News / Europe

    EU Agrees on Deal for Sending Migrants to Turkey

    Lifejackets are pictured in front of the European Commission headquarters in Brussels during a protest by Amnesty International to demand the European Council protect the human rights of the refugees within the EU-Turkey migration deal, March 17, 2016.
    Lifejackets are pictured in front of the European Commission headquarters in Brussels during a protest by Amnesty International to demand the European Council protect the human rights of the refugees within the EU-Turkey migration deal, March 17, 2016.
    Ken Schwartz

    European Union leaders have agreed on a plan to send thousands of migrants from Syria and elsewhere to Turkey, in exchange for financial aid and political concessions to Ankara.

    But some of the EU leaders and human rights groups have deep misgivings about the plan expected to be presented to Turkish Prime Minister Ahmet Davutoglu on Friday.

    It would have the EU pay to send migrants who do not qualify for asylum in Greece to Turkey, while settling tens of thousands of others equally across the EU.

    In exchange, Turkey, which already houses nearly 3 million Syrian refugees, would get financial aid, quicker EU membership talks and visa-free travel for Turkish citizens.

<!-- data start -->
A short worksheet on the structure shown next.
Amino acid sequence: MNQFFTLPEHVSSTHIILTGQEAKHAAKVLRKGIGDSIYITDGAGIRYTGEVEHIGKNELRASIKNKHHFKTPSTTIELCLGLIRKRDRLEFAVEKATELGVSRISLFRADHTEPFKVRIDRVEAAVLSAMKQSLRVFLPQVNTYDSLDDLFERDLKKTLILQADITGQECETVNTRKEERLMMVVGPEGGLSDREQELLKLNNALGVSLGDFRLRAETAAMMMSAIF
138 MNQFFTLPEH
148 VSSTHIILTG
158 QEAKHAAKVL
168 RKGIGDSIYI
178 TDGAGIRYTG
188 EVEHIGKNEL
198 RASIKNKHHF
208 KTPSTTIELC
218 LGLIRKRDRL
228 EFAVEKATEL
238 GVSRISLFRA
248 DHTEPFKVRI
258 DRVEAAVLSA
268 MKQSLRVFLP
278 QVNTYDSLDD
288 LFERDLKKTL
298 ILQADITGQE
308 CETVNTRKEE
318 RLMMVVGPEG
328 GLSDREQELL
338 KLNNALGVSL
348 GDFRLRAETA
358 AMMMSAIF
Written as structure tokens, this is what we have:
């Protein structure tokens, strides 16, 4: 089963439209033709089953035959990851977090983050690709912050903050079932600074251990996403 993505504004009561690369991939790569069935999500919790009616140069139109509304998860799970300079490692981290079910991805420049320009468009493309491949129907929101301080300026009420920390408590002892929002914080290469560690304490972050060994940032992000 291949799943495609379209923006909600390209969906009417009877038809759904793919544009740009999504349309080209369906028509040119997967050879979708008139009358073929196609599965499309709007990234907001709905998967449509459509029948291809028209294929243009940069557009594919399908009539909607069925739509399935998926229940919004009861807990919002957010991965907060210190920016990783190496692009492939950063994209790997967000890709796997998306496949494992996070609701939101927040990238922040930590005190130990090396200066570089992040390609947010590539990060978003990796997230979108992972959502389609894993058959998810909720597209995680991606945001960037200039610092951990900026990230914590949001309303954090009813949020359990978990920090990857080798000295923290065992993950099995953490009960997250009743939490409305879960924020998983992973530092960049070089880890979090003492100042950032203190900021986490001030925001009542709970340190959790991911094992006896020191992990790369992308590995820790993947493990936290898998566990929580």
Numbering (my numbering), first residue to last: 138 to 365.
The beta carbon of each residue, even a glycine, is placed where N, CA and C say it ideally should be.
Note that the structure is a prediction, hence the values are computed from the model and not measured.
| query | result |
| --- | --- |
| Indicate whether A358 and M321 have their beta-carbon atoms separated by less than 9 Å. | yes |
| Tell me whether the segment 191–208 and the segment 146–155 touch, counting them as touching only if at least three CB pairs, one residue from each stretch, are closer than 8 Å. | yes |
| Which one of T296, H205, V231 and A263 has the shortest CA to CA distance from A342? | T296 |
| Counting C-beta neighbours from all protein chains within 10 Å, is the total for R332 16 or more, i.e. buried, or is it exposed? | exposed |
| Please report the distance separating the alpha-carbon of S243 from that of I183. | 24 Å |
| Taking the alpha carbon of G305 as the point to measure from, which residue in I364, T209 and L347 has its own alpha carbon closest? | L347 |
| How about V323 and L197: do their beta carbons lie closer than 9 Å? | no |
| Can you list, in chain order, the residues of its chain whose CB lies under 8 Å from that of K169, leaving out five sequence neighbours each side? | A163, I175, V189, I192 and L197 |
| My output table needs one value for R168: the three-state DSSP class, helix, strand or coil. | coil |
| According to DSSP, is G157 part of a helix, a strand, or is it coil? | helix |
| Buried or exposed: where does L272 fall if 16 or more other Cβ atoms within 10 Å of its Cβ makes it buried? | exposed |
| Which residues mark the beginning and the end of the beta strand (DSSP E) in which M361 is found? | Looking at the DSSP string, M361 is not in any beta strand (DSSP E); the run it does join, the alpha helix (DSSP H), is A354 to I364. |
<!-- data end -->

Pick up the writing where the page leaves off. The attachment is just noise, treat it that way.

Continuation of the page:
Turkey has a shaky human rights record, and some human rights groups criticize a plan they say would use people looking for refuge from war, poverty and terrorism as political pawns and merchandise.

    Even some EU leaders who signed off on the plan said they were not entirely happy with it.

    Lithuanian President Dalia Grybauskaite said the proposal "is on the edge of international law" and may be hard to implement if Turkey accepts it.

    Belgian Prime Minister Charles Michel accused Turkey of blackmail.

    FILE - Migrants queue to get free food as they wait to travel to Greek islands by dinghies, near Cesme, Izmir, Turkey, Dec. 31, 2015.
    FILE - Migrants queue to get free food as they wait to travel to Greek islands by dinghies, near Cesme, Izmir, Turkey, Dec. 31, 2015.

    But Europe has been struggling for months with the continent's worst refugee crusts since World War II, and no one has come up with a solution on which everyone can agree.

    Thousands have drowned in the dangerous Mediterranean Sea after paying human smugglers to get them to Greece or Italy. Children have been among the victims.

    While EU leaders were working on a plan, Macedonia joined other European nations, shutting down its border with Greece and leaving about 14,000 people in a cold, muddy field.

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